What’s worse than simply having a typical Nice Guy character is when the author has the same mentality. The Nice Guy character is never forced to revaluate himself or his behavior by the author. He doesn’t have to rise up and make himself better to overcome a particular circumstance. Instead, the author crafts the plot so that every woman who rejects him dies or is now married to a loser. And every male character who insulted him is at his mercy for some reason or another. This revenge narrative and outward projection of blame is a little too similar to the mentality that many mass shooters use to justify their actions and it’s not an outlook that an author should be endorsing.
Now, I’m not saying you can’t write a male character who is an underdog or may be treated unfairly by women or by life in general. But it’s annoying from the readers’ perspective to follow around a character who takes a “Why me?” stance on life. If you do have a character with this mentality, it will be more entertaining for your readers to see his mindset get challenged by the plot of the book and perhaps he changes for the better.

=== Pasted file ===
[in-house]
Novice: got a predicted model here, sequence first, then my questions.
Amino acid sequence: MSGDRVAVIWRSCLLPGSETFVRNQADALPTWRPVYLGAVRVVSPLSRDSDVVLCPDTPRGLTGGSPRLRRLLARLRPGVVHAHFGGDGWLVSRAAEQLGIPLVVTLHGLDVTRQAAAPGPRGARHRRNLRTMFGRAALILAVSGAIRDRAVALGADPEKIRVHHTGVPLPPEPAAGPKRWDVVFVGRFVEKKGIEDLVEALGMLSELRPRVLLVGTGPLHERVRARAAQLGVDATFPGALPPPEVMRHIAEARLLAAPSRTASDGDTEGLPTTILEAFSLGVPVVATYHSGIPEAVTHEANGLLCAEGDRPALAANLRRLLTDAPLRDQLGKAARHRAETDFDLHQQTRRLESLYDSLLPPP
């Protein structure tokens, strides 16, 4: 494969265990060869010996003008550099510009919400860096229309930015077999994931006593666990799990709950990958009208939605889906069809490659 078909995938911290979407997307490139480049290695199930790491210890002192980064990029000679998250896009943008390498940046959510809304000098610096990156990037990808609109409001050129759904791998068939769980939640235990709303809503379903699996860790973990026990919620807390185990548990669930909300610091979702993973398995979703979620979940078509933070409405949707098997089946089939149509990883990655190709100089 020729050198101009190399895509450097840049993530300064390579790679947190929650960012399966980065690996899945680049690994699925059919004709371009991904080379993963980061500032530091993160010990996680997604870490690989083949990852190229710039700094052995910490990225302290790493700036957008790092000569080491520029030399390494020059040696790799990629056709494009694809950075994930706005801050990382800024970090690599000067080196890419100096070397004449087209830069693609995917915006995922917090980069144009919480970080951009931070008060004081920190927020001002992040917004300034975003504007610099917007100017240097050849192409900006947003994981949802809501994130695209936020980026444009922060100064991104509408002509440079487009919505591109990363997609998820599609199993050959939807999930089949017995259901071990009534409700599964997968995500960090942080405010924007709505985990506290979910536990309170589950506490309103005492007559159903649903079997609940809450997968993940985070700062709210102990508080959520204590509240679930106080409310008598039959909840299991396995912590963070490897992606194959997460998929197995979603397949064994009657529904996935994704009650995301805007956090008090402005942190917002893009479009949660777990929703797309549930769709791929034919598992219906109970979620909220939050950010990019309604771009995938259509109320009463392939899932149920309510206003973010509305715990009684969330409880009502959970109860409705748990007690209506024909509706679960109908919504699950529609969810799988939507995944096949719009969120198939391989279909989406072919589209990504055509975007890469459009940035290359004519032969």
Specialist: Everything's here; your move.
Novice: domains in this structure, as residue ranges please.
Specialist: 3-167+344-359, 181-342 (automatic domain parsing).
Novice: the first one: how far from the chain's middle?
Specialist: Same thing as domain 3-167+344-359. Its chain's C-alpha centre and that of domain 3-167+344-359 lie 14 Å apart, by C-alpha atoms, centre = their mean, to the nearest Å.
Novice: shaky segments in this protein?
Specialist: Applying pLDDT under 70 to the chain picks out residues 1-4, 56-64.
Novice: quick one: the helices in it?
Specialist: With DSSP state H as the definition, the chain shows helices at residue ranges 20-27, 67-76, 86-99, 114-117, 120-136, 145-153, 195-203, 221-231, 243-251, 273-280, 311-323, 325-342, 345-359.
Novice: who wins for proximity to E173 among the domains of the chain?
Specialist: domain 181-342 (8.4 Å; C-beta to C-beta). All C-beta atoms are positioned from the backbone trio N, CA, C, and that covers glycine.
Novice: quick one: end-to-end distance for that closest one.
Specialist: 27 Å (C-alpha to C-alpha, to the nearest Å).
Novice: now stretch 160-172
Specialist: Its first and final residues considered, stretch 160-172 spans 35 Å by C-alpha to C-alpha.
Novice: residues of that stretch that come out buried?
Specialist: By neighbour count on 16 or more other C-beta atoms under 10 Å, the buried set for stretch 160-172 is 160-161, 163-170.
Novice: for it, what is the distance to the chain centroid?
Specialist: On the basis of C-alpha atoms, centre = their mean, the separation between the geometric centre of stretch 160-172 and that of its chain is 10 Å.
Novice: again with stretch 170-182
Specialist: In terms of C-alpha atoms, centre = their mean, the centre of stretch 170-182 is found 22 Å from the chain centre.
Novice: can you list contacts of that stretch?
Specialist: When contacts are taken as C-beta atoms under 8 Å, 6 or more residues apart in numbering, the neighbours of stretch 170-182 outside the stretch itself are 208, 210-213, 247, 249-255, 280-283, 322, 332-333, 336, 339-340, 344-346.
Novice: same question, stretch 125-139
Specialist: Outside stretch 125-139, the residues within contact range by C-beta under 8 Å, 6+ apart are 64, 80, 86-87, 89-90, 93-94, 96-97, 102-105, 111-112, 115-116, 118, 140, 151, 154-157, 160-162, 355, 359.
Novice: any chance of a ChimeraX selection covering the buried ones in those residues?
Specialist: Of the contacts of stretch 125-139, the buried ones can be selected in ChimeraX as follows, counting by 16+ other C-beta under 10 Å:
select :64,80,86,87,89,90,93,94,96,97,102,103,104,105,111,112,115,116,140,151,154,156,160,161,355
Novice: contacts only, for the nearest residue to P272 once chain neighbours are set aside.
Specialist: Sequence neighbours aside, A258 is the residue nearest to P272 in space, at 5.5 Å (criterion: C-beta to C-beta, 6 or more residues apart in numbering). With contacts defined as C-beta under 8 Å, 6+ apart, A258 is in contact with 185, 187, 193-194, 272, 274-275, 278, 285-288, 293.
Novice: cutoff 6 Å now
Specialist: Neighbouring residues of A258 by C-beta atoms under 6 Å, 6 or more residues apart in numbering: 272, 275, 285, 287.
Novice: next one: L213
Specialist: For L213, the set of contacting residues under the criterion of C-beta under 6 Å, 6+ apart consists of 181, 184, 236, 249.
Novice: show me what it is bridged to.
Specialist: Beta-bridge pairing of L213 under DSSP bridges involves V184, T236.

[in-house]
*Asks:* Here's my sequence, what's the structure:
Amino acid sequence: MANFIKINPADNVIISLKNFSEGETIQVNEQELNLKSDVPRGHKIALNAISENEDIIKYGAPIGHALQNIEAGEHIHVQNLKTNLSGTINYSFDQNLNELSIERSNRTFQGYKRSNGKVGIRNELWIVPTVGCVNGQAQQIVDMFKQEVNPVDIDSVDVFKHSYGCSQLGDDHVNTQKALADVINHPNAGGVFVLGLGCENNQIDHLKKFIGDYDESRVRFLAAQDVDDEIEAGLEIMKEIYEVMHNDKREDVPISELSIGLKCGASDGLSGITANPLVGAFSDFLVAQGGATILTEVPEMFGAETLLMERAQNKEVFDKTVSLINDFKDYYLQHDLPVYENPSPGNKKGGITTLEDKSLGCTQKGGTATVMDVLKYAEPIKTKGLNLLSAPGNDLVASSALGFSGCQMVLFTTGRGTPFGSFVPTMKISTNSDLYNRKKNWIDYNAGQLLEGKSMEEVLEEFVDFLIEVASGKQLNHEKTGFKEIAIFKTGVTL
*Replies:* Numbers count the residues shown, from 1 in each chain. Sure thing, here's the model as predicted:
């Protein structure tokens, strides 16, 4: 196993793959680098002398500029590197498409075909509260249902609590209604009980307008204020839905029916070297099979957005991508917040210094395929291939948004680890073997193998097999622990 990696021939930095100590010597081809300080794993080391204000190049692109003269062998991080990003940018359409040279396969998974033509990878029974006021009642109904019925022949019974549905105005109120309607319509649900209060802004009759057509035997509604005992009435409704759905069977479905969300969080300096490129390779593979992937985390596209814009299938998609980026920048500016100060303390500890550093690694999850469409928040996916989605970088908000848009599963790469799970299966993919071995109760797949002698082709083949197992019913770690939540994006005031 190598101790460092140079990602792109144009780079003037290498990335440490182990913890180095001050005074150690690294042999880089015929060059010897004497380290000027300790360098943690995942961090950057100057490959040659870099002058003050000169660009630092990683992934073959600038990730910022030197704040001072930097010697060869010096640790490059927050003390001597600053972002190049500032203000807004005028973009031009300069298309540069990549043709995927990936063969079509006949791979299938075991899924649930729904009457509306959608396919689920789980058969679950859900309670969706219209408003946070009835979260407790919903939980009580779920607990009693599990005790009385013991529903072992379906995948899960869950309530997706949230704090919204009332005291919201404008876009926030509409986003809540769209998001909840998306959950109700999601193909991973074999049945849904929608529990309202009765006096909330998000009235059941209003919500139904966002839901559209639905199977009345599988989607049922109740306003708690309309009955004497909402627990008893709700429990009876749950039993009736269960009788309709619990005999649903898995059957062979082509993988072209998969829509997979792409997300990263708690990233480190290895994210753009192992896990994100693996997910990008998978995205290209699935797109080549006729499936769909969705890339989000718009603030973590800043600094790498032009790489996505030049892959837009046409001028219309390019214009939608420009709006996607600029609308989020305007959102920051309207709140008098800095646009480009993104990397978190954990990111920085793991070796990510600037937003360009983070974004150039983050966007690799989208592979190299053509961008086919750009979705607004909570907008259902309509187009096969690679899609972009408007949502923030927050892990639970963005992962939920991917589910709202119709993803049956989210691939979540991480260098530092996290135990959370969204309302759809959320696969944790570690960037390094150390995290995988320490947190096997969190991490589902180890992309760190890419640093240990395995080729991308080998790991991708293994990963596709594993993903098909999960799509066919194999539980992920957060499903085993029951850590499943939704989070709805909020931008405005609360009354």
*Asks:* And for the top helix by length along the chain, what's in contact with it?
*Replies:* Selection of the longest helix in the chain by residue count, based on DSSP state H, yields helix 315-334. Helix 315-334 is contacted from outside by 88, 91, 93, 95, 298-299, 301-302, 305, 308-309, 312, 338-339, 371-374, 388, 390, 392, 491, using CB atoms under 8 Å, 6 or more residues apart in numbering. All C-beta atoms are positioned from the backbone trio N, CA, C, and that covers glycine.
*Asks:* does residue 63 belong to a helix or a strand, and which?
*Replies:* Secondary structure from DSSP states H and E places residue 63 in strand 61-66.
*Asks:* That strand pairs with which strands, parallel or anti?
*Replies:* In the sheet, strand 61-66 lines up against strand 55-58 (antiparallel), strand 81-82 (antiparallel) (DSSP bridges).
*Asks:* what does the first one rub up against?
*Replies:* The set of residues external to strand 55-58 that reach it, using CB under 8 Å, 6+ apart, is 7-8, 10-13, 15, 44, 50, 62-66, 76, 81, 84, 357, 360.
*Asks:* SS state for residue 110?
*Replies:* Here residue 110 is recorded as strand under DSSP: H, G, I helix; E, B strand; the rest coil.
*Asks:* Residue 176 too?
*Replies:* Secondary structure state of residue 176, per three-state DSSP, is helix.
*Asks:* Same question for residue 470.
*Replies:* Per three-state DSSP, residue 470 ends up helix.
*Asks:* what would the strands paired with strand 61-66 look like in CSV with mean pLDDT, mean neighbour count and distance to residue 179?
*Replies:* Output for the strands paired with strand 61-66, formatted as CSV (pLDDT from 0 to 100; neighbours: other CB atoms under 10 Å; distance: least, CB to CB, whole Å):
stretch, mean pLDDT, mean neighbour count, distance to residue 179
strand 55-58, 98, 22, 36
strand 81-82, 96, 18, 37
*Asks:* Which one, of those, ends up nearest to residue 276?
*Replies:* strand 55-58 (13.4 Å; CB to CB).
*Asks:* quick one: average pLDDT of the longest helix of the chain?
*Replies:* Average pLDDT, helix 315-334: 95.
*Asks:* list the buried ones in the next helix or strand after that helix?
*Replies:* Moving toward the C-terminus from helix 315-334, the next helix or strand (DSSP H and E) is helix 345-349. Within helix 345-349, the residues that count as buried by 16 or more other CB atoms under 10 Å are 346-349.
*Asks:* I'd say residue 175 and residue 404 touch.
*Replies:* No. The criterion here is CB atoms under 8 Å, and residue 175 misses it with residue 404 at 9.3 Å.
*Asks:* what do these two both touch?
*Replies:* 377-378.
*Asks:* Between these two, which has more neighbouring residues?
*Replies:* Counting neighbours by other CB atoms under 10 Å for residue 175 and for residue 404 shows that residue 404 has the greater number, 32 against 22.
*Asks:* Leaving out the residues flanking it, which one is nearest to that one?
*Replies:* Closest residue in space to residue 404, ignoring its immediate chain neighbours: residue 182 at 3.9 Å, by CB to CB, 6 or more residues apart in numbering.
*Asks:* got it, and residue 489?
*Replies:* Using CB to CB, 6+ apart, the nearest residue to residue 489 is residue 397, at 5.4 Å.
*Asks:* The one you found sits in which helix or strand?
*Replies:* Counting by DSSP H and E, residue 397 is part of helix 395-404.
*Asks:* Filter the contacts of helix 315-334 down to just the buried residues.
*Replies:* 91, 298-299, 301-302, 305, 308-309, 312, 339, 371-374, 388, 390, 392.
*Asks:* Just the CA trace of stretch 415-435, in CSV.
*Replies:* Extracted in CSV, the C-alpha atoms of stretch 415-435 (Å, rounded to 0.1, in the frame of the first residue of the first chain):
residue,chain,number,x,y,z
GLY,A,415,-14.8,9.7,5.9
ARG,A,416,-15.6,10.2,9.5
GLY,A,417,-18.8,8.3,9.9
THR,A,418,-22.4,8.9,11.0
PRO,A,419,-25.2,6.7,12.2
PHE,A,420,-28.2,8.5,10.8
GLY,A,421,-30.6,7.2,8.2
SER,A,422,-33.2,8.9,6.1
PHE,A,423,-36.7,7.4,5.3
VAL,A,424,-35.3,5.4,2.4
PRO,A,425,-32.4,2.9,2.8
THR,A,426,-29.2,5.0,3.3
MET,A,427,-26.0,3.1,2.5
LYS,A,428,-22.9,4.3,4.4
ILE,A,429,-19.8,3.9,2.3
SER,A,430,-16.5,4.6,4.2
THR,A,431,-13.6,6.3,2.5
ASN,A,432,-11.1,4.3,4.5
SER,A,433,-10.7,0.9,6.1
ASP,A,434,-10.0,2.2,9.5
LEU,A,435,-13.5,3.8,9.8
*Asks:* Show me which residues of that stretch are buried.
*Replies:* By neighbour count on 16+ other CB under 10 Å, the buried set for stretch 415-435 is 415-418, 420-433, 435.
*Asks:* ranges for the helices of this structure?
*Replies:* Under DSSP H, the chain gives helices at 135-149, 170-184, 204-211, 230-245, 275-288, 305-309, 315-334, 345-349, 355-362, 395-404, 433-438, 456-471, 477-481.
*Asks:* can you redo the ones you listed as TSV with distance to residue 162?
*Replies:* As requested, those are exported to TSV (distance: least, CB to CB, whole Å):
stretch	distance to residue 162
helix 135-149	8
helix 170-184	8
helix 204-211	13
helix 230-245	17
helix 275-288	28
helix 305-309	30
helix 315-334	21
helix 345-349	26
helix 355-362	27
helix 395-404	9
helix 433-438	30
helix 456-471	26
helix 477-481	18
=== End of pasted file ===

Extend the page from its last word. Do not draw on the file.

The (Unjustified) Best of The Best
Countless stories from across the spectrum of entertainment have male characters that are the best in their field. Yet, these characters do things that imply that they aren’t as good as everyone claims they are or the audience never sees proof of them succeeding. My first example comes from a short story I recently read where a highly trained government agent is introduced as one of the best special agents in the world. After he is given his weapons, he promptly puts his pistol down his pants without a holster. While I am not a specialist on weapons by any means, I know enough to tell you that putting an unholstered weapon down your pants is one of the stupidest things you can do and that any “best of the best” agent would never do something so idiotic.
Another example is Rodrigo from Mozart in The Jungle (The TV show) where the audience is repeatedly told that he is a genius conductor who will definitely save the struggling New York Symphony. Yet, every performance that we see Rodrigo put on for almost the entirety of 3 seasons, the audience sees maybe one performance that goes off without a hitch. For someone who is an experienced musical genius, we don’t have any proof of this claim, other than what people say about him. I am still a huge fan of the show, but I do get annoyed from time to time when classical music hijinks constantly interrupt Rodrigo’s performances denying the audience a chance to see how good he can be.